on our next vacation and herping adventure.
on our next vacation and herping adventure.
The new season of Game of Thrones has started. I’m pretty excited as you can see in the photo. Season 2′s last episode was just perfectly played out.
Who would have thought that these little baby dragons were as powerful as they were. I admit, I suppose Daenarys knew right from the start and that was her end game all along. That is, to get back to her little children and have their power save her from evil danger. Love it.
Often times I watch the antics of our reptiles at home and they bring to life the scenes and imaginations in my head of fire breathing dragons sitting on their perches.
I often see other reptile keepers hang a little bit of their imagination out in the open as well.
I think the Mule’s must love dragons and Iguanas as much as we do! Lol. I kinda envy those awesome little dragon wings that Susan redesigned for their Iguanas. She said that they were originally butterfly wings that were reshaped into Dragon wings. Pretty neat and inventive if you ask me!
That’s the fun of life though and the beauty of reptiles, they inspire awe and wonder in our little everyday lives with their individual personalities and genetic traits of their species. They also force their keepers to explore the world outside their own and give them hope and strength as well as ideas to visit far and away places. The reason why I show a picture of a giant red blotch on our green wall is that is actually an electric ceramic heater, similar to the ones they use in South Africa. We got the idea from Linky someone we friended who runs a Reptiles and Parrots forum. And Susan Mule’ above has provided instructions as to how I might make little Dragon wings on my own for my little Dragon Iggie! Well Iggie’s not a Dragon yet until someone sprouts some wings on him! ; )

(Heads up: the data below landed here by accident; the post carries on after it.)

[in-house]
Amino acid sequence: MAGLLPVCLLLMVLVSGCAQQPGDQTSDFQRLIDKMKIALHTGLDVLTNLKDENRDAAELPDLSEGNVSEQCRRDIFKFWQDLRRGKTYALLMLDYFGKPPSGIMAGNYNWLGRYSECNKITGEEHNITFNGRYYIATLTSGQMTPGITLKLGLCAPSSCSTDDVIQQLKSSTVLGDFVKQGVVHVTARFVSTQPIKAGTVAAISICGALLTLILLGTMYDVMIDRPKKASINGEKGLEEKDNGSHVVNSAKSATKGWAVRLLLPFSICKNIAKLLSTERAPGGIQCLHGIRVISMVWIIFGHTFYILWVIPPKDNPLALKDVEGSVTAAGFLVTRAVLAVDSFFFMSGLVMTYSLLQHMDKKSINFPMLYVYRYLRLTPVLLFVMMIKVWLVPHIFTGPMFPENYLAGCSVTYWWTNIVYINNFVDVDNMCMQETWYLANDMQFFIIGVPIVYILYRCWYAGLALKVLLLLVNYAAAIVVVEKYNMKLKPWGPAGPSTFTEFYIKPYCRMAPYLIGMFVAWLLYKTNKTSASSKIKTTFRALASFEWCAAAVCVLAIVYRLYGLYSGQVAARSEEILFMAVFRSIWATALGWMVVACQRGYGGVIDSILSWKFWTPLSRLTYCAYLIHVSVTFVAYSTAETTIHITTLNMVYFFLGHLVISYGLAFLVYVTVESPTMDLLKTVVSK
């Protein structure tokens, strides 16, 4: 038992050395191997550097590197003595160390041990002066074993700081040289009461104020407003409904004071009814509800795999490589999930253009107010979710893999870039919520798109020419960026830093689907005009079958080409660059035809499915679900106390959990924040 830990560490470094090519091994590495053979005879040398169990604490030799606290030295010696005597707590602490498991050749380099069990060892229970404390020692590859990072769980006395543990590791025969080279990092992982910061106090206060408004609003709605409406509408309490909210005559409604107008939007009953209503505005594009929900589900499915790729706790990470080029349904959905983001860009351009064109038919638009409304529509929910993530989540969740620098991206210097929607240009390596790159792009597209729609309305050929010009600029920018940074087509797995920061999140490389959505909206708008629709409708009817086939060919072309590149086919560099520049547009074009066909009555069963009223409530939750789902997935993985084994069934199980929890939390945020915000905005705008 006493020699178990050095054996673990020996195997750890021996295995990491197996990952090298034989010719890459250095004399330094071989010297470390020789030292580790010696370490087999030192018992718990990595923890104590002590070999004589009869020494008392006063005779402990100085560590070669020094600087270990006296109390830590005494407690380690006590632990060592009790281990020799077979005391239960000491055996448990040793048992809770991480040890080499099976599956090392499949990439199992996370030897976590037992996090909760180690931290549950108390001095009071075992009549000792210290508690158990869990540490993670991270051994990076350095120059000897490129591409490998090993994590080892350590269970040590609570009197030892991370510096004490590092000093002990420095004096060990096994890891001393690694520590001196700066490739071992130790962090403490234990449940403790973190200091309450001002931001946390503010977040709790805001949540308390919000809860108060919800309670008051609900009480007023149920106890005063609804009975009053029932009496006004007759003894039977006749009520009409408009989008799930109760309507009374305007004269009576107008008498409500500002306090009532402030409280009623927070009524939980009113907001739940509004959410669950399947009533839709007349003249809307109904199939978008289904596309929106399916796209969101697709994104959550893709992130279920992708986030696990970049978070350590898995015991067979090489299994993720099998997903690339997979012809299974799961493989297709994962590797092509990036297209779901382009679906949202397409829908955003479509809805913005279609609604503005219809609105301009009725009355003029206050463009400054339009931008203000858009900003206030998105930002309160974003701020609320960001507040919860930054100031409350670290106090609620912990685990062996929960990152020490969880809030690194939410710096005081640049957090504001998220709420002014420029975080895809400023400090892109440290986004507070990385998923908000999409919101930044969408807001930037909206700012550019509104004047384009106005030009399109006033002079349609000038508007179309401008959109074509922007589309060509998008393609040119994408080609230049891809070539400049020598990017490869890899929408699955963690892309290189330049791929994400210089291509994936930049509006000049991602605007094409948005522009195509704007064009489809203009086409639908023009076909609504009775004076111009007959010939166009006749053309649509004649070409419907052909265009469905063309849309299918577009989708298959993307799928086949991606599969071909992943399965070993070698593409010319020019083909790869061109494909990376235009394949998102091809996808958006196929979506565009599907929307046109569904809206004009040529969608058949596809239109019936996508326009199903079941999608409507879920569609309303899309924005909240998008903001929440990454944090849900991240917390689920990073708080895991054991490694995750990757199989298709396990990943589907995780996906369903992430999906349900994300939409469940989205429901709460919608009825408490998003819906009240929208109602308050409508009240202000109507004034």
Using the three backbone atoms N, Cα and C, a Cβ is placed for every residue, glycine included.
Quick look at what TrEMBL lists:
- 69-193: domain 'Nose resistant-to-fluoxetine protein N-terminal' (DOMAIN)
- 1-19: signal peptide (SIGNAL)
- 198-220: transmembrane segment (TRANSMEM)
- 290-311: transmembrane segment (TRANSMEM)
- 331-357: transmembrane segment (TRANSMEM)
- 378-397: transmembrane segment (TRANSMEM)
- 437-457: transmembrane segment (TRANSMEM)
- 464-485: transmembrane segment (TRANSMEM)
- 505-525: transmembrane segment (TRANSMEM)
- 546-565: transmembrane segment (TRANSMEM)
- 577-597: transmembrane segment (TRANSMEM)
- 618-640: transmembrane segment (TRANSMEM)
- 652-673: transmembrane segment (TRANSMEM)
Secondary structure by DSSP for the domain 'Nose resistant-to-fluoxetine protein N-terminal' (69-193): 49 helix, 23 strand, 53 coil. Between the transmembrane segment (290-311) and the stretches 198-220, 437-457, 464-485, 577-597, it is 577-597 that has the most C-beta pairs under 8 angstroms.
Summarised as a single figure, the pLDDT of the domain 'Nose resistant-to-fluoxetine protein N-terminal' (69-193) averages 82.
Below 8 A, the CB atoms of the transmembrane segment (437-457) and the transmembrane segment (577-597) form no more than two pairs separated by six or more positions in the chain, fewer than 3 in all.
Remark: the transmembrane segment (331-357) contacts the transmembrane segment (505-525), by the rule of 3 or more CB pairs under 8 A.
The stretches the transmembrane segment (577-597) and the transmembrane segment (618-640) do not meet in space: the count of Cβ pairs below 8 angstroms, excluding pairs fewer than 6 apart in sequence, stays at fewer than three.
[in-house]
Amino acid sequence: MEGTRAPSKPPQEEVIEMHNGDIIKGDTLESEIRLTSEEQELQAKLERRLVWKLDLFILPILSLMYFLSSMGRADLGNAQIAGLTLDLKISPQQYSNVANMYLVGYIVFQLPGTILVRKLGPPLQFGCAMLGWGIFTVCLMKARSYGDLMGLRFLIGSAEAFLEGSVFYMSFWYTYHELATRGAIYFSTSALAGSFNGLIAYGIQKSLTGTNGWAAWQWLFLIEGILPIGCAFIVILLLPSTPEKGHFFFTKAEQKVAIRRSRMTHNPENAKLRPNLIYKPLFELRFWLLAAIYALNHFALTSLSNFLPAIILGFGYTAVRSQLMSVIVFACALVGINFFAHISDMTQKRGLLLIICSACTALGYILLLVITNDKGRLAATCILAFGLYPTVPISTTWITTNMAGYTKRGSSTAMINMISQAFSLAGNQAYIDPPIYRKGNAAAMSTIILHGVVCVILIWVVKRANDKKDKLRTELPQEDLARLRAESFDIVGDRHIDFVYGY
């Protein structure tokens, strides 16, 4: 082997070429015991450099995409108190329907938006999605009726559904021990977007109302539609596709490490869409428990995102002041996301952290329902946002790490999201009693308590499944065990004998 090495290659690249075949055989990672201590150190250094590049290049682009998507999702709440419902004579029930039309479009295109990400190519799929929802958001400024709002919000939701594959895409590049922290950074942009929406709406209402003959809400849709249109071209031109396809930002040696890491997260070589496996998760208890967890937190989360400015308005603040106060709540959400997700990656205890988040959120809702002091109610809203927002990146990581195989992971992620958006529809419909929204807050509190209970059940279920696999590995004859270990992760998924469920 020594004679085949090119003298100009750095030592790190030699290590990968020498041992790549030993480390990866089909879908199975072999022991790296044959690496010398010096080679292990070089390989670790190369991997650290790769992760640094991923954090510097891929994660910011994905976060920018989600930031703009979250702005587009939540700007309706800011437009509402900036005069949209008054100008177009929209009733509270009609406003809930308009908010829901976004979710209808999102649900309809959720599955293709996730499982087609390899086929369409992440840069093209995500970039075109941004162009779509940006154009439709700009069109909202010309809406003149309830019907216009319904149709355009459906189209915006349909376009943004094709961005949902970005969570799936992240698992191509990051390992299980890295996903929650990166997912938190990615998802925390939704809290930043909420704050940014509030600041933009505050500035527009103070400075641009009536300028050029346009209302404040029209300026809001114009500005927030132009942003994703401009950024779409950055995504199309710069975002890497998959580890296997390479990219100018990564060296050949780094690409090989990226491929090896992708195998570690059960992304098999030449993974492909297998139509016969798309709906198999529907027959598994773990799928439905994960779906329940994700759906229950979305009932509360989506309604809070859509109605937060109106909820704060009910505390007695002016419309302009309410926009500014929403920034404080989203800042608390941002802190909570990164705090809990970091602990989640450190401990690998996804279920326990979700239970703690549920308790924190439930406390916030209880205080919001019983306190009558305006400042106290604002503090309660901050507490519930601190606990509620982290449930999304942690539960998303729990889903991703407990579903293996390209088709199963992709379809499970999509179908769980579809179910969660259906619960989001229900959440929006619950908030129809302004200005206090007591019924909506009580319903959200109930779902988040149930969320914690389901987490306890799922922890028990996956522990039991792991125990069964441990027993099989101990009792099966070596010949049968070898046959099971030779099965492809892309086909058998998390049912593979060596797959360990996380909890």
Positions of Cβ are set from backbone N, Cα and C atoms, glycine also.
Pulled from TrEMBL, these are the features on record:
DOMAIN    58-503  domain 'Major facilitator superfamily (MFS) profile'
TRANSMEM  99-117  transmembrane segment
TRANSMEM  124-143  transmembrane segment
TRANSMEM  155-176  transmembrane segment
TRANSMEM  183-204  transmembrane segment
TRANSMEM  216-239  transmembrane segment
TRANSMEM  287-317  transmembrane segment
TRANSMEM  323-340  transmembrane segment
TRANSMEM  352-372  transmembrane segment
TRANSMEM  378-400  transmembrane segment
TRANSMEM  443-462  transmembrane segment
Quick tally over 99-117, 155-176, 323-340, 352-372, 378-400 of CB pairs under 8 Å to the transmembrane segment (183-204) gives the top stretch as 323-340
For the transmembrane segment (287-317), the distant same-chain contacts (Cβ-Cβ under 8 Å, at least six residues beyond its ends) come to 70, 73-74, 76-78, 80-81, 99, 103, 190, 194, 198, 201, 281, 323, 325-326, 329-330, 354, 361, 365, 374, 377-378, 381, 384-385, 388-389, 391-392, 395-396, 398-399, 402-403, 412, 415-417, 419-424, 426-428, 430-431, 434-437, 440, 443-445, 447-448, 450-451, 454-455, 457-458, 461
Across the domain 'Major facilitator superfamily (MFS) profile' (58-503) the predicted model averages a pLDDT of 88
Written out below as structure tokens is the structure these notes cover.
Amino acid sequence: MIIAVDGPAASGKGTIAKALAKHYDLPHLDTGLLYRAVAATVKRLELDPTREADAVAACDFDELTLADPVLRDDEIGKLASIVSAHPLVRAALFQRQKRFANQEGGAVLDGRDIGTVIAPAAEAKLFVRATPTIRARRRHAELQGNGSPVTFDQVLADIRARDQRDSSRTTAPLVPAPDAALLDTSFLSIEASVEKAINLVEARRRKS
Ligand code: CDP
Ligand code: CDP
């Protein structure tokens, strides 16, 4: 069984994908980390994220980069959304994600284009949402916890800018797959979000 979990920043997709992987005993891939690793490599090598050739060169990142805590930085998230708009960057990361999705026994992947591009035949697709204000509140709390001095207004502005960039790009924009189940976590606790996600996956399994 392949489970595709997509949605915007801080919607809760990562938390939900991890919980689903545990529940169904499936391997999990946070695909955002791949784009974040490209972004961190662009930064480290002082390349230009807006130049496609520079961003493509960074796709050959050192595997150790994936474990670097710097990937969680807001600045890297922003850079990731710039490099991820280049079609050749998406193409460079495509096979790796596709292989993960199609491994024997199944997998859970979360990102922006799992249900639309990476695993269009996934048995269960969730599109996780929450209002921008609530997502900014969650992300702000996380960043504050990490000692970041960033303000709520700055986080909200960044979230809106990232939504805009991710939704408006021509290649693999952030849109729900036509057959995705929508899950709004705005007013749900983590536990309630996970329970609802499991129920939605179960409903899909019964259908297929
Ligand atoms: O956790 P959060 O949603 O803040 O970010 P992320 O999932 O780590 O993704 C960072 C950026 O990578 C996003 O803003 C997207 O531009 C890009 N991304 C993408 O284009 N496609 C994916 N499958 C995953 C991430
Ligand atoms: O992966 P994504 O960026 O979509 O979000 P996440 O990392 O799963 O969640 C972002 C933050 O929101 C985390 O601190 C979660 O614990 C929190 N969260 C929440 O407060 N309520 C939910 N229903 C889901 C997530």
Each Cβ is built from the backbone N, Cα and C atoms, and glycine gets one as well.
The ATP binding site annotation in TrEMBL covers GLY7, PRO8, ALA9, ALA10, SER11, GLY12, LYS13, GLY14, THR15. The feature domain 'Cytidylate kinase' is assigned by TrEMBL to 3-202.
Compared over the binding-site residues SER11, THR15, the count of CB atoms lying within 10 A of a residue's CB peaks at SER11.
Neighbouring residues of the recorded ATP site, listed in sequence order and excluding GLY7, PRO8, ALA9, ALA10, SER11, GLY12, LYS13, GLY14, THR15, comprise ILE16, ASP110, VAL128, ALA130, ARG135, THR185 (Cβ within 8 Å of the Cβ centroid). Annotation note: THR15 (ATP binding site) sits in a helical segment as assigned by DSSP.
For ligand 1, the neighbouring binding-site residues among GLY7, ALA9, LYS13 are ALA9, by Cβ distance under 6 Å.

For now I might have to settle on our little guys being…. Land Sharks…
I hope that you may have a chance someday or currently do now, get a chance to explore some exotic species and average housecats yourself!
In the spirit of the holidays, here are some of our lizards:
Surya (Weber’s Sailfin):
Kwayze (Bearded Dragon):
Iggy (Cuban Rock Iguana):
Sloan (Bearded Dragon):
Lucky (Blue Tegu):
The only lizard missing is Chuck the Chuckwalla. I will try to get one of him soon.
I just wanted to share this website with anyone who has kids that they want to learn more about reptiles: